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Novel Cryoprotective agents to improve the quality of cryopreserved mammalian cells



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Al-Otaibi, Noha 


Cryopreservation is a promising approach to long-term biopreservation of living cells, tissues and organs. The use of cryoprotective agents (CPAs) in combination with extremely low temperatures is mandatory for optimum biopreservation. CPAs (e.g., glycerol, trehalose, dimethyl sulphoxide (DMSO)), however, are relatively cytotoxic and compromise biopreserved cell quality. This is usually resultant in oxidative damage, diminishing cell functionality and survival rate. The growing market of cell therapy medicinal products (CTMPs) demands effective cryopreservation with greater safety, of which the currently available CPAs are unable to provide. The present study was aimed at developing cryomedia formulation to enhance the cryopreservation of nucleated and anucleated mammalian cells. Here, eleven compounds of a polyol nature were selected and examined for their cryoprotective properties. These compounds are derived from plants and honey, thereby ensuring their safety for human consumption. The selection was based on their molecular structure and chemical properties. Here, the presented study is divided into three main phases: 1) Screening the compounds panel for cryo-additive effects on cells during and post-cryopreservation and optimising the dose response and time course for trehalose and glycerol with and without the novel compounds; 2) Assessing the influence of biophysical criteria on biospecimen cryopreservation (e.g., biosampling procedure, cell age, donor age); 3) Establishing the mechanisms of action underpinning the modulatory effect of novel CPAs on biological pathways during cryopreservation. For the stated purposes, red blood cells (RBCs) obtained from sheep and humans were used to screen the compounds for novel cryo-additive agents. Cryosurvival rate was employed as an indication of the compounds’ cryoprotective performance. Cellular biochemical profiles, including lipid and protein oxidative damage as well as key redox enzymatic activities (e.g., lactate dehydrogenase (LDH), glutathione reductase (GR)) were measured. The study revealed that nigerose (Nig) and salidroside (Sal) were significantly effective in protecting cells during the freeze-thaw cycle and recovery phases. Both compounds promoted the activity of GR and reduced oxidative stress mirrored by diminished LDH activity. This was also reflected in the protein and lipid oxidation levels, which was limited to a comparable level with the cells’ prior freezing. Further studies on human leukaemia (HL-60) were carried out to elucidate the molecular and biological pathways associated with cryodamage and the modulatory effects of adding novel CPAs. The proteome profile and the corresponding biological functions were evaluated and iii showed that Nig and Sal protected cells against cryodamage. The additive compounds (Nig and Sal) demonstrated a unique and overlapping modulation effect pattern. Nig was found to highly influence proteins engaged with metabolic and energetic pathways, whereas Sal greatly affected nuclear and DNA-binding proteins. The current study concluded that novel CPAs have high potency in protecting cells and each compound has a unique effect on the cellular proteome. These features can be applied to designing cryomedia formulae with higher protective efficiency for targeted applications in cell based therapy and biopharmaceutical industries.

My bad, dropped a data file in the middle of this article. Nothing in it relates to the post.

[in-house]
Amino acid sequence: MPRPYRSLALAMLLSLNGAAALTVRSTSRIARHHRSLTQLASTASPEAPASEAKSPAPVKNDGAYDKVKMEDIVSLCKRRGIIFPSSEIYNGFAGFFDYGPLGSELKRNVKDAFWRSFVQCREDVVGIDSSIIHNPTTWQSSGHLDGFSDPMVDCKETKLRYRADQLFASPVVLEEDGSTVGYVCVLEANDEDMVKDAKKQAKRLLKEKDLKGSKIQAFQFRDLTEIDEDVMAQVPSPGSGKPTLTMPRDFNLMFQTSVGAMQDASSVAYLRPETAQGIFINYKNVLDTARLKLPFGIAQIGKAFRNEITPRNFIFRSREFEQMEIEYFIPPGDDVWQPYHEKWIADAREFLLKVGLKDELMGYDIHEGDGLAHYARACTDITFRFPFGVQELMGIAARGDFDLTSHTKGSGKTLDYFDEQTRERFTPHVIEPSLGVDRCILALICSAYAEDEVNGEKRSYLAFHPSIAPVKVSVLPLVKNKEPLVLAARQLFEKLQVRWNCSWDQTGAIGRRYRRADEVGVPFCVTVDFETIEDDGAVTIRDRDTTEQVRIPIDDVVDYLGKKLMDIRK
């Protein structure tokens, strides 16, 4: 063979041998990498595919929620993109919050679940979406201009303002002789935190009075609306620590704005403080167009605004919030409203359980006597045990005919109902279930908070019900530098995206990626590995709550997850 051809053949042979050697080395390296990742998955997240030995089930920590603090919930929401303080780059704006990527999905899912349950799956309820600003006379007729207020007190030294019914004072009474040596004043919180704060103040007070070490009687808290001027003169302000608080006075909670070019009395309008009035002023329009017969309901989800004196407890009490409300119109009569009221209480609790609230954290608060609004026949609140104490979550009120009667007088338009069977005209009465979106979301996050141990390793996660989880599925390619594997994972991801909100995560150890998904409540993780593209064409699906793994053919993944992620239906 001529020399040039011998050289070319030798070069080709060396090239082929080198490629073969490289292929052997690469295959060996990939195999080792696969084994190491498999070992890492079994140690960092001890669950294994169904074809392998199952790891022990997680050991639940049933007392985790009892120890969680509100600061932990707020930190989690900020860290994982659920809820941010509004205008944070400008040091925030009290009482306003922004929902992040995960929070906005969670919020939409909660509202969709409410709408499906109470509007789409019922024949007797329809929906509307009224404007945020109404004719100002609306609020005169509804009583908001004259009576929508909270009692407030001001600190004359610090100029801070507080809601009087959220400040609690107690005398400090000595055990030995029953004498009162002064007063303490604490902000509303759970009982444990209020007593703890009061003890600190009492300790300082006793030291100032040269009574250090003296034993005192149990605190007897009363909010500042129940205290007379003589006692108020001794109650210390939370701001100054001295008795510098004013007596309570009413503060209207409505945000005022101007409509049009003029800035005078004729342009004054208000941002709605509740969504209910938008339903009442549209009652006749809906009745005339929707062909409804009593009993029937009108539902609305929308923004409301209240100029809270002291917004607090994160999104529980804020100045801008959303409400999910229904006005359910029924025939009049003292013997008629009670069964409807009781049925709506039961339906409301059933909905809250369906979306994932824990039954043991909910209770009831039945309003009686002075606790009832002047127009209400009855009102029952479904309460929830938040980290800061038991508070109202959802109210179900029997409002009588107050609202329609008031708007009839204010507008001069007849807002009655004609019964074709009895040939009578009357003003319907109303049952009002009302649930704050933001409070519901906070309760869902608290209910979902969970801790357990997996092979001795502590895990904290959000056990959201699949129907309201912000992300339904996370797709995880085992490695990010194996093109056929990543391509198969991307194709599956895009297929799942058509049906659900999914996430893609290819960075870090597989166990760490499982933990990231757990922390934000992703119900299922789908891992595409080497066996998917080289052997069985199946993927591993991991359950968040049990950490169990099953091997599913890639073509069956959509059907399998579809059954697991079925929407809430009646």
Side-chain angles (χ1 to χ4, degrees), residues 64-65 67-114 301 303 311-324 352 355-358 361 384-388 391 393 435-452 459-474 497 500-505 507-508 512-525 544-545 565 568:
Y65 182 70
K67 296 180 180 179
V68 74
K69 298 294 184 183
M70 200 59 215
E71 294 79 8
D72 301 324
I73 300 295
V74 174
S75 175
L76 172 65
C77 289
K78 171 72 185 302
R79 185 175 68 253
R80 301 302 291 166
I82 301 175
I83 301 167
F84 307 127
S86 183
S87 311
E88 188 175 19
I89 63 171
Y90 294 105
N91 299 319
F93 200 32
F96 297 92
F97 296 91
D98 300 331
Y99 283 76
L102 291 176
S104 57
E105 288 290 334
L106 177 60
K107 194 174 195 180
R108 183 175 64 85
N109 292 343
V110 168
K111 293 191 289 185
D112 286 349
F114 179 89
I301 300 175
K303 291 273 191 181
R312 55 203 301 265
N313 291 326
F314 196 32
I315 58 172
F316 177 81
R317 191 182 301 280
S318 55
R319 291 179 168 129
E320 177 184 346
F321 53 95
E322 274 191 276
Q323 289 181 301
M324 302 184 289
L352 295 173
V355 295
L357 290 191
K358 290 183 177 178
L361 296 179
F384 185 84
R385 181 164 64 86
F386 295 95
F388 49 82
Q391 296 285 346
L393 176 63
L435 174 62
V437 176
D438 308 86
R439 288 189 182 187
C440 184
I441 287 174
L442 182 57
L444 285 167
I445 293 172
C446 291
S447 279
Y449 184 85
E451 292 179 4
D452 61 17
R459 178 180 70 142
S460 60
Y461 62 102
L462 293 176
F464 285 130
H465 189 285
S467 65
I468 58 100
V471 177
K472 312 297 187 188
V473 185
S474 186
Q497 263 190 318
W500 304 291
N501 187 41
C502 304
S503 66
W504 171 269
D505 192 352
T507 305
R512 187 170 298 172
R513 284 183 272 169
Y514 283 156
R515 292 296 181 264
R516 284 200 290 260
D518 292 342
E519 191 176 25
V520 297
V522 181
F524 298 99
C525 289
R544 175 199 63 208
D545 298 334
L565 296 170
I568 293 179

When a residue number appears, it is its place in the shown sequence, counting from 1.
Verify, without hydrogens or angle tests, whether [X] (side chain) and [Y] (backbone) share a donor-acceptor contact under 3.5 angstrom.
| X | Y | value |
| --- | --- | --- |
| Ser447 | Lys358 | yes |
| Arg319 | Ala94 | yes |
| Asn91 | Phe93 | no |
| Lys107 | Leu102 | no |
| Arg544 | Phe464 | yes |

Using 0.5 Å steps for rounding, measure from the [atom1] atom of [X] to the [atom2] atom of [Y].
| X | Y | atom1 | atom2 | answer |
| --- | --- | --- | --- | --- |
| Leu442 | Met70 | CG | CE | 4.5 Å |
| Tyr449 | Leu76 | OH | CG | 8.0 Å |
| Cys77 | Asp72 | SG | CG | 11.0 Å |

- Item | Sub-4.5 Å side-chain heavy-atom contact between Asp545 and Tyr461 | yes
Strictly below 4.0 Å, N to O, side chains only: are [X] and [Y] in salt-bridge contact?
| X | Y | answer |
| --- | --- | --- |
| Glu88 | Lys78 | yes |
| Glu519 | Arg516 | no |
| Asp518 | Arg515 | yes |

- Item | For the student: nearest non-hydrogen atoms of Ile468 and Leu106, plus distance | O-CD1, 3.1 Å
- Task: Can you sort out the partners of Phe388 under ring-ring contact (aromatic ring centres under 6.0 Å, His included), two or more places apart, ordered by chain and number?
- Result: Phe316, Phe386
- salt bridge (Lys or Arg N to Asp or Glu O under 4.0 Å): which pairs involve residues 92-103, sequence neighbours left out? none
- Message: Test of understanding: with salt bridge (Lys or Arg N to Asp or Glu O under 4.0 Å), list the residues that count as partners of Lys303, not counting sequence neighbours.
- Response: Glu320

Slater, Nigel
Rahmoune, Hassan


Cryopreservation, Biopreservation, Novel protective agents, Oxidative damages, Red blood cells, Proteomic, Injury, Freezing, Transfusion


Doctor of Philosophy (PhD)

Awarding Institution

University of Cambridge
King Abdulaziz City for Science and Technology